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Fri December 4, 2009
Kentucky's "Race to the Top," meeting new education standards (Part One)
By Kate Lochte
Murray, KY – Monday, December 7, Kentucky Department of Education - KDE - officials present Race to the Top strategies to a Louisville meeting of the Kentucky Association of School Superintendents. The Race to the Top grants program is a pool of 4.35 billion dollars for states to use towards education, emphasizing improving teacher effectiveness to meet new national standards. Kate Lochte begins a three part series following the new impetus in the Commonwealth's efforts to transform its educational system.
The Kentucky Department of Education's project manager David Cook in the effort to apply for federal Race for the Top funding says that "the suggested range for which Kentucky should apply is between 60 and 175 million dollars." You can see the Department's Race for the Top application in development at the KDE website where new Kentucky Commissioner of Education Terry Holliday is also blogging about this and other initiatives.
Kentucky Governor Steve Beshear heads up a new Task Force on Education whose work begins next month. Republican State Senator Ken Winters of Murray and Ben Cundiff of Cadiz are among 31 members on the task force. The Governor expects this group to dovetail its work with the revision of state educational standards, the Graduate Kentucky program to boost college graduation and Race for the top strategies.
Race for the Top funds are not the only new funding Kentucky is seeing. The Bill and Melinda Gates Foundation's Vickie Phillips, a Kentuckian, directs its education programs including a fund for for assistance in preparing applications for the Race for the Top program, a facet of this year's American Recovery and Reinvestment Act signed into law in February. The Gates Foundation has allocated money from this fund to Kentucky and has also contracted with the Commonwealth's Prichard Committee for Academic Excellence researchers for additional studies. So there's plenty of new momentum in educational reform that Kentucky began twenty years ago.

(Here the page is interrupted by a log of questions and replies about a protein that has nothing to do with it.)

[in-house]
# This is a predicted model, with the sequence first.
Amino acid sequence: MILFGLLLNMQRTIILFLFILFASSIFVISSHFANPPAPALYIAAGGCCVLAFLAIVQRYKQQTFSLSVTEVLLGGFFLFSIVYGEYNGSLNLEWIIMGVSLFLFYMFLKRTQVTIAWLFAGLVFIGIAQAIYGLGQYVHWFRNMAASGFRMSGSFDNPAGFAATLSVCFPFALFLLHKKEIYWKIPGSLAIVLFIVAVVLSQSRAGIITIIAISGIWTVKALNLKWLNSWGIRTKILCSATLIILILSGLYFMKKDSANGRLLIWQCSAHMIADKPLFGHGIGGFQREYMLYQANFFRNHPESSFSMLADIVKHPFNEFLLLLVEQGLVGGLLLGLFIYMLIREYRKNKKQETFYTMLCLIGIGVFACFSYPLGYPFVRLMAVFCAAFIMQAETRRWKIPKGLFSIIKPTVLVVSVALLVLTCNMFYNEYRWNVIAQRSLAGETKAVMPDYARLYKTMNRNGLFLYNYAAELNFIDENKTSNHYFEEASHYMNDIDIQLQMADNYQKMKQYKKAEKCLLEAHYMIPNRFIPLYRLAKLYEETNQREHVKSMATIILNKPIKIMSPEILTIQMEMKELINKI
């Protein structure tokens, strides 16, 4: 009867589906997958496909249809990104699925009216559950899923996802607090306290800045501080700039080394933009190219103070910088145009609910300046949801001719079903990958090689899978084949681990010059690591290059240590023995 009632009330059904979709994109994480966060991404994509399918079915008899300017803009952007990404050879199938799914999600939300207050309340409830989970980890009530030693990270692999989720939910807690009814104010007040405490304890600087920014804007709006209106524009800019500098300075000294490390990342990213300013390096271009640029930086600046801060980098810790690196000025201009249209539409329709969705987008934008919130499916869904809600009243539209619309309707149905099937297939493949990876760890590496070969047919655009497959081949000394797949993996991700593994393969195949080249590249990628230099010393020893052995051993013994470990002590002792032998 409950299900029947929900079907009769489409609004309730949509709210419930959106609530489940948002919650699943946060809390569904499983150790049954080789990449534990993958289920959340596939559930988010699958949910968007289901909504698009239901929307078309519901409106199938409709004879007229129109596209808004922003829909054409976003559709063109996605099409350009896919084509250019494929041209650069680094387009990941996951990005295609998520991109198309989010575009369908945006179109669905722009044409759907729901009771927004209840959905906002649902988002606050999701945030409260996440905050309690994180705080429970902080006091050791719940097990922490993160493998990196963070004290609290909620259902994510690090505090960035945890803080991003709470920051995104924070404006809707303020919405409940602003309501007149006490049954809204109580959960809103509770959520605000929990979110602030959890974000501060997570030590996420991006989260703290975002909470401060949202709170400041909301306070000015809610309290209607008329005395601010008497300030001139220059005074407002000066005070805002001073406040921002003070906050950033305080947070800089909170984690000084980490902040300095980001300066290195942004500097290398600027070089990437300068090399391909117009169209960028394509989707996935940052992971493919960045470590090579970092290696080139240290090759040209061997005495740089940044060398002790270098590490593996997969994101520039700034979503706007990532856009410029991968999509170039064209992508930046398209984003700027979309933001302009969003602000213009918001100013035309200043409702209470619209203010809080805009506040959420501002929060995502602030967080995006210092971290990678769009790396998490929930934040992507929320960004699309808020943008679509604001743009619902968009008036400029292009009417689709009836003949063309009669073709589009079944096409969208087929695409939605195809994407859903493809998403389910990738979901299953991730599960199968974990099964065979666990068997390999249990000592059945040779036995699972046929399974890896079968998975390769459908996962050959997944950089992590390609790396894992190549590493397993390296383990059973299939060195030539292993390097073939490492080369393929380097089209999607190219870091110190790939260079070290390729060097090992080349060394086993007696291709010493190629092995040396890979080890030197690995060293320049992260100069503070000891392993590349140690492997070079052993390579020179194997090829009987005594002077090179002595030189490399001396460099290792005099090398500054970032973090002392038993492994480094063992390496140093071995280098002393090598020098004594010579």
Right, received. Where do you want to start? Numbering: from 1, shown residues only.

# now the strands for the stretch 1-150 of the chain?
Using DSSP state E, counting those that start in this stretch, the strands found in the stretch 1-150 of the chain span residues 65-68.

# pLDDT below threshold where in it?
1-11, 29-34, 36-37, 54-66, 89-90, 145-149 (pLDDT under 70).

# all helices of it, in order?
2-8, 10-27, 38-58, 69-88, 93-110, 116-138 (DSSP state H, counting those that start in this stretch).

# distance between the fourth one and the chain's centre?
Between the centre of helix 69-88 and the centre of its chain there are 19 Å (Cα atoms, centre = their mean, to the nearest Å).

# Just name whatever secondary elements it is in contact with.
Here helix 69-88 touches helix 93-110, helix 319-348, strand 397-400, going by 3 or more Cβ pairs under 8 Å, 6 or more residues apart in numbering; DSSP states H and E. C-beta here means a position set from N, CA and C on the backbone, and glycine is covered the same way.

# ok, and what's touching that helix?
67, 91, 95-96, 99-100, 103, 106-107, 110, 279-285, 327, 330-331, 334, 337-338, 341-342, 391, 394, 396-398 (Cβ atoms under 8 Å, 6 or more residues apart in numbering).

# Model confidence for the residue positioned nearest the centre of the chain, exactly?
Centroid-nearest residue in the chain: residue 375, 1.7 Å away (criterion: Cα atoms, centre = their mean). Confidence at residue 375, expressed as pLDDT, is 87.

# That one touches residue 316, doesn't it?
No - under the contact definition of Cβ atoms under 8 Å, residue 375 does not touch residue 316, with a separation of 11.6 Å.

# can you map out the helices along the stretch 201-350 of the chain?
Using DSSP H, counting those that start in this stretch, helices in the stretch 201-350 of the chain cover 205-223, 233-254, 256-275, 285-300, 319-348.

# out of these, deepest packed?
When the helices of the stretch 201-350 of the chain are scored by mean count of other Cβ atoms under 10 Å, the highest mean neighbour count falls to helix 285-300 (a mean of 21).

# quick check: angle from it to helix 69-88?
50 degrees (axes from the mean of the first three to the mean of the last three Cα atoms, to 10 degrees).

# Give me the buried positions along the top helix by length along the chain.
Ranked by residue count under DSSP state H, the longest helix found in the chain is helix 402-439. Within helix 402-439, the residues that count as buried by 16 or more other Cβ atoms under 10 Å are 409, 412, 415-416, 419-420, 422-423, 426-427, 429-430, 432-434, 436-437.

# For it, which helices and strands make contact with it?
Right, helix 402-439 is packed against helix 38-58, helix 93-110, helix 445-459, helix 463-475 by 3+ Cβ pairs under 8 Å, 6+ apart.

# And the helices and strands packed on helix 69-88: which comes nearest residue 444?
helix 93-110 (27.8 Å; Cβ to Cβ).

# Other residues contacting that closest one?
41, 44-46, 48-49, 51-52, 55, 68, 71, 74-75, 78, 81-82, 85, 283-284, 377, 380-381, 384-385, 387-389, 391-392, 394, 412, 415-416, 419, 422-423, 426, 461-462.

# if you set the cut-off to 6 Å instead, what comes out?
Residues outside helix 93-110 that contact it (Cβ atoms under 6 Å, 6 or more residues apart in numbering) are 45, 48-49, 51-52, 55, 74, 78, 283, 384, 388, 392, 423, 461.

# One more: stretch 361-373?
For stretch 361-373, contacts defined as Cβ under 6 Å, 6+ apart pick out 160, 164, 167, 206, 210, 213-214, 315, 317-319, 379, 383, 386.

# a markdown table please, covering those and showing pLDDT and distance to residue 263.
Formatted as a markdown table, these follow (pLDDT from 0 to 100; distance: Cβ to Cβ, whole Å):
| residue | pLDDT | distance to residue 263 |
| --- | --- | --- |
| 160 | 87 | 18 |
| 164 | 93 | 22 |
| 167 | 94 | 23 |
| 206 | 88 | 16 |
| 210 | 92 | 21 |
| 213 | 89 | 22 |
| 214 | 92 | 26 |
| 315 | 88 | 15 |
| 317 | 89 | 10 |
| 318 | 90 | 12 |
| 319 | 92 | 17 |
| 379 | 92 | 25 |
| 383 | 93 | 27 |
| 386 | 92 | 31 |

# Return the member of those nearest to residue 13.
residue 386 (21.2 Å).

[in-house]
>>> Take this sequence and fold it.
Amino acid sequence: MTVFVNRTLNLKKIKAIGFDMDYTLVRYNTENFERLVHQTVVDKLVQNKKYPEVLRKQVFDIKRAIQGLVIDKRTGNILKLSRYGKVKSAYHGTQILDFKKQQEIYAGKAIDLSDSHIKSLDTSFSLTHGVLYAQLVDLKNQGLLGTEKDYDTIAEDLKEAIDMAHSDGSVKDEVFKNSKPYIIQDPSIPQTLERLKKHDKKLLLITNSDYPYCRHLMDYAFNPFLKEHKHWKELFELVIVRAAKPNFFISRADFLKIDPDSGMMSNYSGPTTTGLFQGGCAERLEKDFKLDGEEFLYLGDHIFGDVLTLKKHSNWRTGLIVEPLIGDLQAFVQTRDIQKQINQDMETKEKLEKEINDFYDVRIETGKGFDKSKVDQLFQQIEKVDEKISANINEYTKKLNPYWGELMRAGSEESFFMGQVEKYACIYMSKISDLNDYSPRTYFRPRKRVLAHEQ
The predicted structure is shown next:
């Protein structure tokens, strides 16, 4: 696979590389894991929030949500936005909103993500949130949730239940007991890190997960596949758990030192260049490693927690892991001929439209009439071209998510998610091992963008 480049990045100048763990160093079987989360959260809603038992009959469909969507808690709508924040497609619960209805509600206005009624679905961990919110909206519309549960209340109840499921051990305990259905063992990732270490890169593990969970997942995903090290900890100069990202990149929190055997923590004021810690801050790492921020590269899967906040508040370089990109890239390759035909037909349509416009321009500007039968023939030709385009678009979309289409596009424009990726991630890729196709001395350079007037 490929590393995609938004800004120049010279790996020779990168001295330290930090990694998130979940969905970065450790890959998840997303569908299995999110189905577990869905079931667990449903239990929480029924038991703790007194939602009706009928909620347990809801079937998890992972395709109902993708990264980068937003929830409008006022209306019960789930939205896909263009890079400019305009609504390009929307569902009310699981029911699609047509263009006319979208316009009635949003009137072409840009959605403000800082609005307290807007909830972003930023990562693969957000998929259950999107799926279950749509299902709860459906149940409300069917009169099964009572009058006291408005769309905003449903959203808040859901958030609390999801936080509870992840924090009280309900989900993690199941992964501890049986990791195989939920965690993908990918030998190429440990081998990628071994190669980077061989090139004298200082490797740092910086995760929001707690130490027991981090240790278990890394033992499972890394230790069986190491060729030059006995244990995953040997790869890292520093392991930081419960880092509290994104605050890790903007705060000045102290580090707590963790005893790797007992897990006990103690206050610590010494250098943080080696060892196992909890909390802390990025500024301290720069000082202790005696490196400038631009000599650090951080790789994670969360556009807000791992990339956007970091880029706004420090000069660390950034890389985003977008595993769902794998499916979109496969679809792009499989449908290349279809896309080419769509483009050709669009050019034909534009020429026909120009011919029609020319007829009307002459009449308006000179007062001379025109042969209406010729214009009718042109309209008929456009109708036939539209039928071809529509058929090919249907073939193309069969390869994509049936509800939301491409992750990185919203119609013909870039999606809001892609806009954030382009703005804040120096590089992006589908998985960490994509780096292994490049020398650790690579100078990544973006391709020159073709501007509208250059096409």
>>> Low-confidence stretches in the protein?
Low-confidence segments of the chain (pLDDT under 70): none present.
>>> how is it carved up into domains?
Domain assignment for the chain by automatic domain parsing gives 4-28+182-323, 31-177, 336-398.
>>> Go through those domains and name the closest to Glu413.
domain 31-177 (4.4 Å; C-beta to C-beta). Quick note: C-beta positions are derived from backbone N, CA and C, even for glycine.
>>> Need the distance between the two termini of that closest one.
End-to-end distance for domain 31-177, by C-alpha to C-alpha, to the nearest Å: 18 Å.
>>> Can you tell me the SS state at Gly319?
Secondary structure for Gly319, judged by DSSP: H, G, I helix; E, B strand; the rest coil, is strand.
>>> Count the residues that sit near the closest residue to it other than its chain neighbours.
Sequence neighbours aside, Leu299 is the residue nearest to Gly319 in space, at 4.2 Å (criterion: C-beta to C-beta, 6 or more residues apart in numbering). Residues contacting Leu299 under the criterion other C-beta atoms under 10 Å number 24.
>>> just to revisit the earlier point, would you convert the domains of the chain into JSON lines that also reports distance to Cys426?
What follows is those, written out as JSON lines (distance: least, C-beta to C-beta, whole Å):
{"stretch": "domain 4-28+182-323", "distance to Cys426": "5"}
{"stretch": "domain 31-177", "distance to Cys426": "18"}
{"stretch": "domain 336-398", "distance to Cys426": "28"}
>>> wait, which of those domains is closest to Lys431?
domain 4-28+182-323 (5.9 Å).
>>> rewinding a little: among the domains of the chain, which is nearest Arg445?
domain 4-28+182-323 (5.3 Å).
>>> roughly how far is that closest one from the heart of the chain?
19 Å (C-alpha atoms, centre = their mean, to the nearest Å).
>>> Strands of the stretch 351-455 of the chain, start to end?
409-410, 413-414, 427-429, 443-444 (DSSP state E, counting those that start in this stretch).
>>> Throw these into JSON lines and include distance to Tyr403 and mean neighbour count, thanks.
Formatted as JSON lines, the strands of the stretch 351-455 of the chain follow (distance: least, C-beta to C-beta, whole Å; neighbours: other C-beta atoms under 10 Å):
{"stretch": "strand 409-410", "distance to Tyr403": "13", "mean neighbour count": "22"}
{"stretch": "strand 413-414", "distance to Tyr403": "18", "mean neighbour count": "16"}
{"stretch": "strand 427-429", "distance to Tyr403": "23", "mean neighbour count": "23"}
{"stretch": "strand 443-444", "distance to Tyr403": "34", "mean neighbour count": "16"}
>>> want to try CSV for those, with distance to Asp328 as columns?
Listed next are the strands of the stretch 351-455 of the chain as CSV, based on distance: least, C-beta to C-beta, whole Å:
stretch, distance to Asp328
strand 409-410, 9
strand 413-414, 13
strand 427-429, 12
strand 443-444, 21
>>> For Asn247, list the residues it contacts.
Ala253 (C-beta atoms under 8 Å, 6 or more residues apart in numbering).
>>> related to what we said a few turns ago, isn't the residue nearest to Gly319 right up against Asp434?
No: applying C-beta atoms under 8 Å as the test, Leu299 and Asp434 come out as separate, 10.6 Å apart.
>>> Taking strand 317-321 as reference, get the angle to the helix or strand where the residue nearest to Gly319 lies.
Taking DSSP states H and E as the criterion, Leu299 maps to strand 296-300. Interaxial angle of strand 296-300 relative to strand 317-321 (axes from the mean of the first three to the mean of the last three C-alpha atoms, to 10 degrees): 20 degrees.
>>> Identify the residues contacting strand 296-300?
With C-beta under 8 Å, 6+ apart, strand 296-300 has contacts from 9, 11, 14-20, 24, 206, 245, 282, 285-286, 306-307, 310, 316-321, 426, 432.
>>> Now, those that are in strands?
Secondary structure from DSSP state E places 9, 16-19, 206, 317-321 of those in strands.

Prichard Committee Executive Director Bob Sexton: Lots of groups getting interested new math project everything opened up by Senate Bill 1.
This years Kentucky Senate Bill 1, requires new, simpler, internationally benchmarked standards and a new test to measure student progress, and prompts new cooperation between the KDE and the Council on Post Secondary Education. Prichard Committee members Margie Pope of Paducah and Ben Cundiff of Cadiz comment on evidence of this at November's Prichard
Margie: New commission of education Holliday and Dr King talking together that's a big improvement
Ben: New leadership might re-emphasize the importance of improving education.
Another Prichard Committee member, Mary Jane Littleton of Murray, says that Robert King, new president of the Council on Post Secondary Education, impressed her with a statement of principle that more high quality educational time should be devoted for Kentucky college students, noting King's words: "If we take these students we are obligated to train and graduate them."
Next week, we'll report about how new standards, being developed by a consortium of states across the country, are beginning a series of changes that Kentucky Education Commissioner Holliday calls a "tidal wave" of opportunity to transform school systems and dramatically improve teaching and learning.